the foreign
-
earned income of companies based
in the country


Double taxation

occurs when the income
of a foreign subsidiary is taxed by the host
-
country government and by the home
-
country government



20
-
14

How Can Firms Limit

Their Tax Liability?


Taxes can be minimized through

1.
Tax credits

-

allow the firm to reduce the taxes paid to
the home government by the amount of taxes paid to
the foreign government

2.
Tax treaties

-

agreement specifying what items of
income will be taxed by the authorities of the country
where the income is earned

3.
Deferral principle

-

specifies that parent companies
are not taxed on foreign source income until they
actually receive a dividend

4.
Tax havens

-

countries with a very low, or no, income
tax


firms can avoid income taxes by establishing a
wholly
-
owned, non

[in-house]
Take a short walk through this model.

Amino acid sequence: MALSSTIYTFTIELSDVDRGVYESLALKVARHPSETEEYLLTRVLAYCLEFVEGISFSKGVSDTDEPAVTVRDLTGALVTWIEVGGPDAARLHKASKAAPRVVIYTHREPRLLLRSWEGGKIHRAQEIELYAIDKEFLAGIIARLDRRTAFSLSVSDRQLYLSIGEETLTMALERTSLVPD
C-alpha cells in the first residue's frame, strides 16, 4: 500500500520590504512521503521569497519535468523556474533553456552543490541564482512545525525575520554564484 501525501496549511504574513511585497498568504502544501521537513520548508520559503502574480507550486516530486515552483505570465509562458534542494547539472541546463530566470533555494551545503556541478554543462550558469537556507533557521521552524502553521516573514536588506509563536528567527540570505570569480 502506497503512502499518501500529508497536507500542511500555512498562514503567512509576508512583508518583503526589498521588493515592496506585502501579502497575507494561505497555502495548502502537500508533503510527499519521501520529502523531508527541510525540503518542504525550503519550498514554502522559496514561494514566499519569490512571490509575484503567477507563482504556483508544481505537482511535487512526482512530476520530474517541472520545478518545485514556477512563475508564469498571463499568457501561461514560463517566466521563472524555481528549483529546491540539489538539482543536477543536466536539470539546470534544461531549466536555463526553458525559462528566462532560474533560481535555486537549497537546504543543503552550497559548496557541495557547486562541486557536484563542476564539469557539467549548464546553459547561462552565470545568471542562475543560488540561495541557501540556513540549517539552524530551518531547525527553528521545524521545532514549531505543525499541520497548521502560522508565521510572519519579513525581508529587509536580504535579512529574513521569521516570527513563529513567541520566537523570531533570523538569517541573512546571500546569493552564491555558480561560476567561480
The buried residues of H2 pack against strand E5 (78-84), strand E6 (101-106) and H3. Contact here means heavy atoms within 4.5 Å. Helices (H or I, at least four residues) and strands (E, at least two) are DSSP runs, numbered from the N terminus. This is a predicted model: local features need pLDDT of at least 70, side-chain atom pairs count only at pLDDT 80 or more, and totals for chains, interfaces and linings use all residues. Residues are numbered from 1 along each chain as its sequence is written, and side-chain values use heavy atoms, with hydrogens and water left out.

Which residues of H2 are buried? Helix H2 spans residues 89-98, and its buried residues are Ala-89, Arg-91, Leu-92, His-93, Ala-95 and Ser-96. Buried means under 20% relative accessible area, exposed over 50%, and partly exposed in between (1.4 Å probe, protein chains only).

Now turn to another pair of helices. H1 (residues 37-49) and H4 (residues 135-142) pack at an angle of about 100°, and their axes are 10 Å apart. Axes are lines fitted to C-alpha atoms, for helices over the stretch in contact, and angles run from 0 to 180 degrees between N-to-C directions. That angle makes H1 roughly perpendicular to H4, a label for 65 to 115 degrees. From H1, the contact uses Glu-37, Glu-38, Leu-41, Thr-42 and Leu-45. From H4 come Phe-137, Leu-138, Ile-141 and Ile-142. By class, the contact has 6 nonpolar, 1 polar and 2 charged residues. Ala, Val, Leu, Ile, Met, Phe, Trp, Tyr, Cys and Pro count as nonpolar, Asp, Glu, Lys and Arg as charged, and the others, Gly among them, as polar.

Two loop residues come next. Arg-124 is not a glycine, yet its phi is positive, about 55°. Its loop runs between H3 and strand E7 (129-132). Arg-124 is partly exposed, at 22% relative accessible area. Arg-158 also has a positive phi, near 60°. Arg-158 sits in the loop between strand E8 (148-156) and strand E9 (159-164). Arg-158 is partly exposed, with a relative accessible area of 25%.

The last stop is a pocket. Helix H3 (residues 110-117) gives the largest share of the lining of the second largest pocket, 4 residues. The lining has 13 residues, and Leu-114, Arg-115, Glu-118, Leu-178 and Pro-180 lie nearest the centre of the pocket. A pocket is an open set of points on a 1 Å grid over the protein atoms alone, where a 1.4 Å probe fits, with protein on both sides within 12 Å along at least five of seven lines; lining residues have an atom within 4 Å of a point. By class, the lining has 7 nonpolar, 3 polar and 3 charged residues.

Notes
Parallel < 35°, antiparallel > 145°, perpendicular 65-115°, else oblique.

-
operating subsidiary in the country



20
-
15

How Do Corporate

Tax Rates Compare?

Corporate Income Tax Rates, 2006




20
-
16

How Do Firms Move

Money Across Borders?


Firms can transfer liquid funds across
border via

1.
Dividend remittances

2.
Royalty payments and fees

3.
Transfer prices

4.
Fronting loans


Firms that use more than one of these
techniques are
unbundling




20
-
17

What Are

Dividend Remittances?


Paying dividends is the most common method of
transferring funds from subsidiaries to the parent


The relative attractiveness of paying dividends
varies according to


tax regulations


high tax rates make this less attractive


foreign exchange risk


dividends might speed up in
risky countries


the age of the subsidiary


older subsidiaries remit a
higher proportion of their earning in dividends


the extent of local equity participation


local owners’